Hanison Well-Known Member

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    Never rest in the pursuit of your goals and dreams.
     
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  10. Waldo

    Waldo Well-Known Member

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    Definately a nice start! Just remember to run your own race, try not to worry about what every one else is doing. Everyone has different circumstances.

    As for me personally, I slept my way to the top....
     
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  11. MTR

    MTR Well-Known Member Premium Member

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    If you want it bad enough you will find a way, keep persevering and don't give up, network with those who have achieved what up you want.

    BtW, love your avatar
     
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  12. datto

    datto Well-Known Member

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    Save for your deposit anyway you can.

    First property is generally the hardest. Gets easier as you go along.

    Over time properties build equity. Improvements to property also incease equity.

    Learn from others but don't ask dumb questions.

    Newdart I nearly spelt your name with an "f" after the "w" . I'd probably change the second bit of your name.
     
    Last edited: 27th Sep, 2015
  13. Leo2413

    Leo2413 Well-Known Member Premium Member

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    Worked my ass off. As @The Y-man said, did heaps of overtime, got a second and 3rd job. It wasn't easy but it was worth it. Once you have 2 or 3 ips and you chose some in good locations, the equity machine starts to build by itself and before you know it you have more equity than serviceability!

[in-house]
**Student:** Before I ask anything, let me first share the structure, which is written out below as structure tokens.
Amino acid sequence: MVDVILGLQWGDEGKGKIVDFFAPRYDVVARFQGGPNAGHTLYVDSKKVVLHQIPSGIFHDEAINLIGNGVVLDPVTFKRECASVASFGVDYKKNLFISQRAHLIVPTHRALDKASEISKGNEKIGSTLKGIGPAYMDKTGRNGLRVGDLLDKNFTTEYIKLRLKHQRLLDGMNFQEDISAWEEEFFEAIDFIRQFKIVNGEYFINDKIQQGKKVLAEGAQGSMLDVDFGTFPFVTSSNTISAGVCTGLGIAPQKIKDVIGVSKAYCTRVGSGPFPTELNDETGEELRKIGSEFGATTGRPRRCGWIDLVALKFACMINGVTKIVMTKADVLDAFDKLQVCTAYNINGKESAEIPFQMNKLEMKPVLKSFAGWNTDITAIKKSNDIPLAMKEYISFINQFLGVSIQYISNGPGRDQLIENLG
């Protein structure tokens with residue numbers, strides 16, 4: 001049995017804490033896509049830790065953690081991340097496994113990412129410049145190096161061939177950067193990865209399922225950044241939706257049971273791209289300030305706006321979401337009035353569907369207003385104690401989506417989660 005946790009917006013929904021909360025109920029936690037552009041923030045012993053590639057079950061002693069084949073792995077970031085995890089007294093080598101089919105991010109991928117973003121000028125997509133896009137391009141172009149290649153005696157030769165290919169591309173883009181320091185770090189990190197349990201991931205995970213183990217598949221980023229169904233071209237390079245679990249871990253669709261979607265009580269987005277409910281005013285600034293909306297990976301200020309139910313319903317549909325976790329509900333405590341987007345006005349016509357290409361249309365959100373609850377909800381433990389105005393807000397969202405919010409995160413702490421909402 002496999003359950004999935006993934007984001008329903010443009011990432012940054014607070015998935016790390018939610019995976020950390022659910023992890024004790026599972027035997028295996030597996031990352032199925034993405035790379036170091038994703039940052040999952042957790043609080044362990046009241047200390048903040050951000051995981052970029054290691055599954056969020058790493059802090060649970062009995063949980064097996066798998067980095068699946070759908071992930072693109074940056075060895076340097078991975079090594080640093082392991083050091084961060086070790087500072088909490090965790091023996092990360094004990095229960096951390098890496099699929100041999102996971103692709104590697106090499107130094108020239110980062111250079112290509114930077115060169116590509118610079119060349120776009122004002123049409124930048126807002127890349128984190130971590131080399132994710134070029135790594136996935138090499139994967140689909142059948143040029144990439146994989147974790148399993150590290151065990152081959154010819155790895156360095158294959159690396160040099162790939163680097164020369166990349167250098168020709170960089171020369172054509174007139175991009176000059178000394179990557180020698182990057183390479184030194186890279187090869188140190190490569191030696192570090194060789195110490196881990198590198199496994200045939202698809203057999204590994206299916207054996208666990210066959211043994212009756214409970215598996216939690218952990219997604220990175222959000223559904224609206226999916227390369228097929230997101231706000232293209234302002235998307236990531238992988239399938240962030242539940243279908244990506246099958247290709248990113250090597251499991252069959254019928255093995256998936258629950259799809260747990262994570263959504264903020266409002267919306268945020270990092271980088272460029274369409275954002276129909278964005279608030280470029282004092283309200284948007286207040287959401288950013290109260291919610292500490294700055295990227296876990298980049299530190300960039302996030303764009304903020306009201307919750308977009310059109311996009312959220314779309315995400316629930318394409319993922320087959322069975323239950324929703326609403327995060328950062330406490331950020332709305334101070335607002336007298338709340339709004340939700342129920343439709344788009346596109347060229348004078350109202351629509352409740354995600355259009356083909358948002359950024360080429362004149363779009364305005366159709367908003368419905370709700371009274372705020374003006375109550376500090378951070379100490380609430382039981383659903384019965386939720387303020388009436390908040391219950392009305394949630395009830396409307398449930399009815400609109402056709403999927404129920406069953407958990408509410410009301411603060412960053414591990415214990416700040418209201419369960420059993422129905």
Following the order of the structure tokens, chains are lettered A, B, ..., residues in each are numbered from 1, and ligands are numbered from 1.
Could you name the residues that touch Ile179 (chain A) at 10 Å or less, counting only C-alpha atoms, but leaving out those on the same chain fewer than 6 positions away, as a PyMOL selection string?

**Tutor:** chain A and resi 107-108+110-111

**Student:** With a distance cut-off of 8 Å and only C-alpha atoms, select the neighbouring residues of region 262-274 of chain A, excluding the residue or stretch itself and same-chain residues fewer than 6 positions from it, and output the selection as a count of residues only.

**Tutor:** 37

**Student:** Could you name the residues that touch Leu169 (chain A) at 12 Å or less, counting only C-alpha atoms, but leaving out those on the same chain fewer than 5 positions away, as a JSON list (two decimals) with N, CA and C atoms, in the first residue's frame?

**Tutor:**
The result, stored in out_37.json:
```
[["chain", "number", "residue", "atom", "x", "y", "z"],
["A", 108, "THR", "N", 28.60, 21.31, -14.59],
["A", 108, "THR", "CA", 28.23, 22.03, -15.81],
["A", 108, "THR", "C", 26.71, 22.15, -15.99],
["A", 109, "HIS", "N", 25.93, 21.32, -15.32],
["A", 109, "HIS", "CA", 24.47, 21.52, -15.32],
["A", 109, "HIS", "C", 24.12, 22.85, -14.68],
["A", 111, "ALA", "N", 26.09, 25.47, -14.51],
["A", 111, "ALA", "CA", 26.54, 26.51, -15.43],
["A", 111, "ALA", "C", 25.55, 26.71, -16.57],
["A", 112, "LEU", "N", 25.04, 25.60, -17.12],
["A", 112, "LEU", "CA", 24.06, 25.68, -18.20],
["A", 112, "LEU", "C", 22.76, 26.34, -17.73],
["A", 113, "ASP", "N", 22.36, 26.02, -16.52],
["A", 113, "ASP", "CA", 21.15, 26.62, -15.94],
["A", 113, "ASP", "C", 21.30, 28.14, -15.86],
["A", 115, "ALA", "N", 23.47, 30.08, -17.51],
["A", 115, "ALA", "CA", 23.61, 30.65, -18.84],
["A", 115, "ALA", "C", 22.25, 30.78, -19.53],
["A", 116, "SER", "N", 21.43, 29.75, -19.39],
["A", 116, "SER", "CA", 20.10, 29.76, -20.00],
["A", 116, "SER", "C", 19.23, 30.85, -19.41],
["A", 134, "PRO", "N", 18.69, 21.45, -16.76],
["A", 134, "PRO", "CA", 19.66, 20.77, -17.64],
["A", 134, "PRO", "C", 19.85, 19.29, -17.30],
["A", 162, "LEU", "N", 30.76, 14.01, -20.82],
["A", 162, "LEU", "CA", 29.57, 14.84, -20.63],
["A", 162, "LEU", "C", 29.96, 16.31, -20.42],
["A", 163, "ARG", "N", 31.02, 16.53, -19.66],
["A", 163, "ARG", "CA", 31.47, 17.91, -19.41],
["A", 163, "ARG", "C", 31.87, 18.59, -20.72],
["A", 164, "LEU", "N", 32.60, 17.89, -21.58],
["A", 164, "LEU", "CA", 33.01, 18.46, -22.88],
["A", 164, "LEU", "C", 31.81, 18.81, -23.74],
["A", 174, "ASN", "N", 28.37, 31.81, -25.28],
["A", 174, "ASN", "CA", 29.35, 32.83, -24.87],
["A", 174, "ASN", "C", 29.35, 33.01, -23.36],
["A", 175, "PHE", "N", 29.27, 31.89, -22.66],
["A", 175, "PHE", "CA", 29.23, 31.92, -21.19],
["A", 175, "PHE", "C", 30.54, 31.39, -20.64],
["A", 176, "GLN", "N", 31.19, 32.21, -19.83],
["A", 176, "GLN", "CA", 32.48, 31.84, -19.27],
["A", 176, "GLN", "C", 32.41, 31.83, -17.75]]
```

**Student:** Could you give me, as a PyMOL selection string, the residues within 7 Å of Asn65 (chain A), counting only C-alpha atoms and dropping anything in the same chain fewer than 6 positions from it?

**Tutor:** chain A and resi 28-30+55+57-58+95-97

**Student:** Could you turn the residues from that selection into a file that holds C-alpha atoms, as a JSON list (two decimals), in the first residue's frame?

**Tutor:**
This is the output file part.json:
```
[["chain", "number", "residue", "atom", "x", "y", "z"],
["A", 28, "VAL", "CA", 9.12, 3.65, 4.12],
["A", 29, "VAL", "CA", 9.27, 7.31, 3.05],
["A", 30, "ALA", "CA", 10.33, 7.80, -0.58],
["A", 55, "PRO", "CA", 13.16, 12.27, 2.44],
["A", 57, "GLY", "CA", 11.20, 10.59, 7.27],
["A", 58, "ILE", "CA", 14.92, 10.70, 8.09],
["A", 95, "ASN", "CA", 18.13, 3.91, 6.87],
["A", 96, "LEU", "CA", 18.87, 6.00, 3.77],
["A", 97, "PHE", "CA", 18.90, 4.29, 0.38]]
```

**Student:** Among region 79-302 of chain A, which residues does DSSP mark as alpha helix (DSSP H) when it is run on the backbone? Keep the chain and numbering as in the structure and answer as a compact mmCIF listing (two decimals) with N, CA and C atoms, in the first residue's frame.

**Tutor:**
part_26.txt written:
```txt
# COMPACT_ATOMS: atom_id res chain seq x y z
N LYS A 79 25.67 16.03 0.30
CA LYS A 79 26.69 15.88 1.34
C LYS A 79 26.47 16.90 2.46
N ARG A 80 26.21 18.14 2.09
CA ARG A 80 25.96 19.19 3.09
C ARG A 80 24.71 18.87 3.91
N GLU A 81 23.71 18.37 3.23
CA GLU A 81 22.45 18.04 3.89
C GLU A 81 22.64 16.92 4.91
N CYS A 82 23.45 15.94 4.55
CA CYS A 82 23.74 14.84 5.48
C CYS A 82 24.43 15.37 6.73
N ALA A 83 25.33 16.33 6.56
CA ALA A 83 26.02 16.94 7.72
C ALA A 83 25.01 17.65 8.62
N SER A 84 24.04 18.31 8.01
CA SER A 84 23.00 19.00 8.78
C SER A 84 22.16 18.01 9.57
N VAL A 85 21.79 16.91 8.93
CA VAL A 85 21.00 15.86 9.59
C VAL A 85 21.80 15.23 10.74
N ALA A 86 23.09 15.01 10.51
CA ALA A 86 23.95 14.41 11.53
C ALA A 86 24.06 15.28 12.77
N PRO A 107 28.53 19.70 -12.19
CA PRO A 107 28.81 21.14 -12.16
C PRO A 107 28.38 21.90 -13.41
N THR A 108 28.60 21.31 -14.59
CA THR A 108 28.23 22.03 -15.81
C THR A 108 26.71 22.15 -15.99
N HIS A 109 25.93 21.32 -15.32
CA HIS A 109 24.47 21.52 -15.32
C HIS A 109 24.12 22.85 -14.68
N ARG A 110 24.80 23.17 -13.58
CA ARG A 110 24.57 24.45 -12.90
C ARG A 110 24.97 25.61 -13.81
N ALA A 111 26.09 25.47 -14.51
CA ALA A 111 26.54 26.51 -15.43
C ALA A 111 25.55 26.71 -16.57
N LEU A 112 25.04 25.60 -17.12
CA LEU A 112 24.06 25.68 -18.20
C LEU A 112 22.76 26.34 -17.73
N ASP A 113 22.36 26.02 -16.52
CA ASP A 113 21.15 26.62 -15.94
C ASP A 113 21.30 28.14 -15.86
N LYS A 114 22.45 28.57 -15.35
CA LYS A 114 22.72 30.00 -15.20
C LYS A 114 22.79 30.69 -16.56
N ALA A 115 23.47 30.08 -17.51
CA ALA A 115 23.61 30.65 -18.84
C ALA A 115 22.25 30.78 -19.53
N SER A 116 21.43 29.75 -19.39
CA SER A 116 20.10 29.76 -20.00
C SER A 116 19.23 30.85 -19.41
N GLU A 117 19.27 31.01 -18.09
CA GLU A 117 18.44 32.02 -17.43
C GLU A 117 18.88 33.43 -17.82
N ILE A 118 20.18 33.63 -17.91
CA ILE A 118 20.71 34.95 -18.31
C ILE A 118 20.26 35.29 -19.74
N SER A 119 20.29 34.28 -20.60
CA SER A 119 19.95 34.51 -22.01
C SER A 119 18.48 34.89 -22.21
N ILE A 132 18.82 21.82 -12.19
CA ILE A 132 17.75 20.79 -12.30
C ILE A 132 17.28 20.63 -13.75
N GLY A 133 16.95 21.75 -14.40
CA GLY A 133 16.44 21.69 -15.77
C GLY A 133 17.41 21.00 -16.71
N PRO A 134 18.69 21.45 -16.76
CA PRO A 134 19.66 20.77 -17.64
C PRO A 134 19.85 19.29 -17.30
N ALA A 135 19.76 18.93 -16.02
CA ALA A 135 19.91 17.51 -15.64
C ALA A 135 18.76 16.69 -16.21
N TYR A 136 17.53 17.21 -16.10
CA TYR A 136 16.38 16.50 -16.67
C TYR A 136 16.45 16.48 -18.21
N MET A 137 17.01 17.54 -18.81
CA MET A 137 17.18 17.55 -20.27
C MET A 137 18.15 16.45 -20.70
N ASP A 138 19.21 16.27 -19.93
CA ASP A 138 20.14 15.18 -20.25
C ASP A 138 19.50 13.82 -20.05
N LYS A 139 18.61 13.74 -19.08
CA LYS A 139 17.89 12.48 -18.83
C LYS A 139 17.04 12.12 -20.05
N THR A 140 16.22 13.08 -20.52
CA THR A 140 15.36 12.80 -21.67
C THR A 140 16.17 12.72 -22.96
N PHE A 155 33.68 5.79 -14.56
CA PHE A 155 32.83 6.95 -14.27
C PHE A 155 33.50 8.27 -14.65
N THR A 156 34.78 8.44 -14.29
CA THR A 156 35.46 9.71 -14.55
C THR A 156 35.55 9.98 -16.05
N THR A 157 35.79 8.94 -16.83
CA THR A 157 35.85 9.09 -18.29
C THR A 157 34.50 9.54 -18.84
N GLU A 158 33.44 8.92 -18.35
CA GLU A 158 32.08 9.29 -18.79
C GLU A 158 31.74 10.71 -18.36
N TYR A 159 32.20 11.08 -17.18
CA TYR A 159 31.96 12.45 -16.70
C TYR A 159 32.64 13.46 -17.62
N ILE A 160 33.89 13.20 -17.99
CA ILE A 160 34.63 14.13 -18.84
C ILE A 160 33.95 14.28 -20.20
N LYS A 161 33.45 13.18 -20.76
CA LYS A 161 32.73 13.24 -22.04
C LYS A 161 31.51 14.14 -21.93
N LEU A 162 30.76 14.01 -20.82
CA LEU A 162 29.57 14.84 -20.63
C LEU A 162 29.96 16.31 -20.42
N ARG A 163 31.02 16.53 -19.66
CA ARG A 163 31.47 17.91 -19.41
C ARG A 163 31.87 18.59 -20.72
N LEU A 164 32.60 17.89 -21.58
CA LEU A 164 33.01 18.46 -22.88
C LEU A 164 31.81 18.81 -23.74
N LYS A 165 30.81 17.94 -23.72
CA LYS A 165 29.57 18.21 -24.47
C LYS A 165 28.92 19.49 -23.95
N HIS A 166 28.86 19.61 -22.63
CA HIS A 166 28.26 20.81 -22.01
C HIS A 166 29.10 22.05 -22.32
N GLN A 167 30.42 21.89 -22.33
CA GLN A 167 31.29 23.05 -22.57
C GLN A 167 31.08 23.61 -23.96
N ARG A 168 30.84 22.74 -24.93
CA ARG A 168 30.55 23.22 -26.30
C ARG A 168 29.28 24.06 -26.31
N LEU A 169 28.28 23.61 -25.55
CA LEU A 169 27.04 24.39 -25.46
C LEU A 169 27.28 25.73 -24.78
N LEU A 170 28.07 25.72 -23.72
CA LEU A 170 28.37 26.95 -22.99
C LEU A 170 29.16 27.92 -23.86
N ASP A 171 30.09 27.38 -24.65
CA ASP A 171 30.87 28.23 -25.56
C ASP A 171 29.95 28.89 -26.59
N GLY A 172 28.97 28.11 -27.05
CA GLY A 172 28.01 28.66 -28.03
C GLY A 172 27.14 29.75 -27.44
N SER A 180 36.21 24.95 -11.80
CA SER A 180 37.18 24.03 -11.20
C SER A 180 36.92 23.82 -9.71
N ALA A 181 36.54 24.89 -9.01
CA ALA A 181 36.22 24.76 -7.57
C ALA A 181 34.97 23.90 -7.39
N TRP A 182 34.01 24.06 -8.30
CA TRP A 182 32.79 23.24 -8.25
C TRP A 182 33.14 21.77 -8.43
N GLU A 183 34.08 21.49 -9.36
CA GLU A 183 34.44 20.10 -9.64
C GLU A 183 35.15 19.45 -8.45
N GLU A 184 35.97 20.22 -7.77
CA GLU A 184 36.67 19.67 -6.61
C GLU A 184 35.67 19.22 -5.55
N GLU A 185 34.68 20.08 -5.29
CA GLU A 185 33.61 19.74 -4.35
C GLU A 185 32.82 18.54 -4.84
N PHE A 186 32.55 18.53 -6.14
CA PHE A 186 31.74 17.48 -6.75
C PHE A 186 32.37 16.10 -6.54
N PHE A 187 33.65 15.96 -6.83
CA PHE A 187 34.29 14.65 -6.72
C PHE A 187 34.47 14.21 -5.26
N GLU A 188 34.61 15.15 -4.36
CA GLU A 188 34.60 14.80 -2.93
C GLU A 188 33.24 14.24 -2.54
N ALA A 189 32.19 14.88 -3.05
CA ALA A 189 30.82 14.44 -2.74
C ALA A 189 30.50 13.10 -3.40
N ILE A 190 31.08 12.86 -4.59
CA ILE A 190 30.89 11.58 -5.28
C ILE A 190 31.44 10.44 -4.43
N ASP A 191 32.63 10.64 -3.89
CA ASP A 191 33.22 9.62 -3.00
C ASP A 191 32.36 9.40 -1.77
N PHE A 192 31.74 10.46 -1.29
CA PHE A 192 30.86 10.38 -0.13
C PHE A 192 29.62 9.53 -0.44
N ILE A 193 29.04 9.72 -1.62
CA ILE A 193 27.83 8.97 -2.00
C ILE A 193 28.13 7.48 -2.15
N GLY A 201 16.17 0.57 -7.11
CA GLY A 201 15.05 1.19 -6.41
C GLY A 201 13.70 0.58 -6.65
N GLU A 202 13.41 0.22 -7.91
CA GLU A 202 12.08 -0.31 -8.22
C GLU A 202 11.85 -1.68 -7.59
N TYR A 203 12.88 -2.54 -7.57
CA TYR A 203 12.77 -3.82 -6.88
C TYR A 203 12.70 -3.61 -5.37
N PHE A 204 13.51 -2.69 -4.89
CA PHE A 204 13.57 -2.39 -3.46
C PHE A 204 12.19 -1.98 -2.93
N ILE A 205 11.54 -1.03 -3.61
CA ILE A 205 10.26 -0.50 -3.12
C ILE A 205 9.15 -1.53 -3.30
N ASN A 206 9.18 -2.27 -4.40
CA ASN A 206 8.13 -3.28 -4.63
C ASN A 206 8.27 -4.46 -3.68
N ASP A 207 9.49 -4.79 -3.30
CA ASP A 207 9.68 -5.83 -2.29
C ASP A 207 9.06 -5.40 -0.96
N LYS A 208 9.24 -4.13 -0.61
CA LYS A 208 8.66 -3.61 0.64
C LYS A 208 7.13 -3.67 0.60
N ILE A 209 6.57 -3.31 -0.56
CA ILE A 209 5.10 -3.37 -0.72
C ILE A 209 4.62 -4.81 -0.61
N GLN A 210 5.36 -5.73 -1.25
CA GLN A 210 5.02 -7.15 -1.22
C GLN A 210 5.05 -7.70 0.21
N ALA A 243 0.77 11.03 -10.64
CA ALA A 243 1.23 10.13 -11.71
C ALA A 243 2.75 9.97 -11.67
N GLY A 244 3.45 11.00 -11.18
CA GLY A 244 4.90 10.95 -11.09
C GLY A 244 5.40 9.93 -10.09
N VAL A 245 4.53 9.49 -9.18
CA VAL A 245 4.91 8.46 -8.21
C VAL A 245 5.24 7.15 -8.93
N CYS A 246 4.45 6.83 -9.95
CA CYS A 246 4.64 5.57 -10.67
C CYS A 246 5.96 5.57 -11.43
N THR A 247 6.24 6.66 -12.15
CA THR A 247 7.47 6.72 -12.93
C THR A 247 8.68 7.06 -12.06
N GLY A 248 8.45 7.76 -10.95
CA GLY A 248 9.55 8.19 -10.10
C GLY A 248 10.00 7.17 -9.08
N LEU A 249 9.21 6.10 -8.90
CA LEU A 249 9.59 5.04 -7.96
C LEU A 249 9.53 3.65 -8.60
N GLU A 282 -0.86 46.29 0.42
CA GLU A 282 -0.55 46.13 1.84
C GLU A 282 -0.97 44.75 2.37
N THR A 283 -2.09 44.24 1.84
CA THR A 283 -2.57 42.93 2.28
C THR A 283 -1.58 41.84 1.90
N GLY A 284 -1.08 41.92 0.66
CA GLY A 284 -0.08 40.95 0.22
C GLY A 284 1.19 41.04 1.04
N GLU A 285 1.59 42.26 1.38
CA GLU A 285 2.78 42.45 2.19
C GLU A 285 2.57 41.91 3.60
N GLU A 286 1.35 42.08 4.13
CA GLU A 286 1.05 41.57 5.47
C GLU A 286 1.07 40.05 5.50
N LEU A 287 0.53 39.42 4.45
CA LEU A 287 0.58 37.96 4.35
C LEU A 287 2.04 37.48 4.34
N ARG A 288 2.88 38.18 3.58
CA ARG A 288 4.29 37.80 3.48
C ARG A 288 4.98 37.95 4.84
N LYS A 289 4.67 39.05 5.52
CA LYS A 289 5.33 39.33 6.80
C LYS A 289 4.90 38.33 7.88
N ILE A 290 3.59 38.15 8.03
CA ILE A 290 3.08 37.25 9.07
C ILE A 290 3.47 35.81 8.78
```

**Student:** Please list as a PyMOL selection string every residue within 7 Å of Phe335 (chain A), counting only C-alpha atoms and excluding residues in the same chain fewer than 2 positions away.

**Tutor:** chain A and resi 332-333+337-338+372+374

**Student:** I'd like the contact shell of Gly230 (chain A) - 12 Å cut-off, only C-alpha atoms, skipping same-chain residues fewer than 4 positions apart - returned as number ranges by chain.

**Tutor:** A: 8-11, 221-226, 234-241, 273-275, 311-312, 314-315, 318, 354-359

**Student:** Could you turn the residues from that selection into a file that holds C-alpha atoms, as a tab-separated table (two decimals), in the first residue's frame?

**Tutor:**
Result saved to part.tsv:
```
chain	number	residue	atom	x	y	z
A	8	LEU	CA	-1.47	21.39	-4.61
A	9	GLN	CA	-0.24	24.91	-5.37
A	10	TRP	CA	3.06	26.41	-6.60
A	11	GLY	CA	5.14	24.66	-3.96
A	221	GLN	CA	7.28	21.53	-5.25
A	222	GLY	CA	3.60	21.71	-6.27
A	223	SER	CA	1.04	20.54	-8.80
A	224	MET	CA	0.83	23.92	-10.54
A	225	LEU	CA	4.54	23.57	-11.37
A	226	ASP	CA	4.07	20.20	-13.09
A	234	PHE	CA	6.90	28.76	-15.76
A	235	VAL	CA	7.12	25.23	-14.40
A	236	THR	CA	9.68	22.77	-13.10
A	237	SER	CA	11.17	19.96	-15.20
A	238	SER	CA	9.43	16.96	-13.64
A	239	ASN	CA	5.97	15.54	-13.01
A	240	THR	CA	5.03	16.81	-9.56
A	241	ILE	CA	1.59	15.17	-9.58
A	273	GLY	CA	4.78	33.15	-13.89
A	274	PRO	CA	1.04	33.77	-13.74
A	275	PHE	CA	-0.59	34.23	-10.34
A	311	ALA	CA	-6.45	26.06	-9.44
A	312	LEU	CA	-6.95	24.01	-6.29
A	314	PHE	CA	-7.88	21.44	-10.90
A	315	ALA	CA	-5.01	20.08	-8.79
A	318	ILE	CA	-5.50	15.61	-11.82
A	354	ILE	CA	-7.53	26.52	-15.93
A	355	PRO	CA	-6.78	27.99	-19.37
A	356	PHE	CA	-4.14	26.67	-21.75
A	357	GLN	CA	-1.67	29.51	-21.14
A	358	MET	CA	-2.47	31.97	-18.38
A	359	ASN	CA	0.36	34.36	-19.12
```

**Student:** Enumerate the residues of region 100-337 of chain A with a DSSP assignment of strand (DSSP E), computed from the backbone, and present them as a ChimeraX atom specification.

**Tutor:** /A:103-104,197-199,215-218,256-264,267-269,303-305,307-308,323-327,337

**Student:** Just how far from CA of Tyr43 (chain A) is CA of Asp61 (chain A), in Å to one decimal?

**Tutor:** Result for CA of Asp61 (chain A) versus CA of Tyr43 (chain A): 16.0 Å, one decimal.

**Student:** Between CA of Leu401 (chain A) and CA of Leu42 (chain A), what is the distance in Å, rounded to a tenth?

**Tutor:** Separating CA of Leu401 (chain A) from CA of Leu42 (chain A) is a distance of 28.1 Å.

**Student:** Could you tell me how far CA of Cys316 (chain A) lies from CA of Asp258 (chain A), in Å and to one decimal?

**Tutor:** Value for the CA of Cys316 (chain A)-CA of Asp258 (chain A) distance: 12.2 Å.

I have found beginning investors have a hard time with equity and progress to fixing the equity issue only to start having serviceability issues. :D Monopoly is fun :)
     
  14. The Y-man

    The Y-man Moderator Staff Member

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    Probably would have gone harder into the world of shares.

    The Y-man
     
  15. Beelzebub

    Beelzebub Well-Known Member

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    I ask dumb questions all the time. It's the internet... I've learn't heaps about this property thing by being prepared to look stupid to anonymous people on the internet.

    But seriously: My first deposit was a mix of some small savings, first home owners grant, and $15k from Dad.
     
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  16. The Y-man

    The Y-man Moderator Staff Member

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    I think the other reason the first is hardest is because most people would be just starting their careers. It's stating the obvious, but saving a deposit is a lot easier when you are on $150k pa than $50k pa.

    The Y-man
     
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  17. joel

    joel Well-Known Member

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    Side note: can you change your user name on here??
     
  18. No Probs

    No Probs Well-Known Member

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    Send @Simon Hampel a private message and I'm sure he'll be able to help you out.
     
  19. Perthguy

    Perthguy Well-Known Member

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    @Newdart. If it helps, I borrowed most of my first deposit as a first home buyer. Waited a while to build some equity and used that for a deposit to buy a house 50/50 with a mate. We have just listed it for sale. Reserve is set a double what we paid for it 7 years ago. Now we can each afford to invest on our own. Much better to do it in one name if you can :)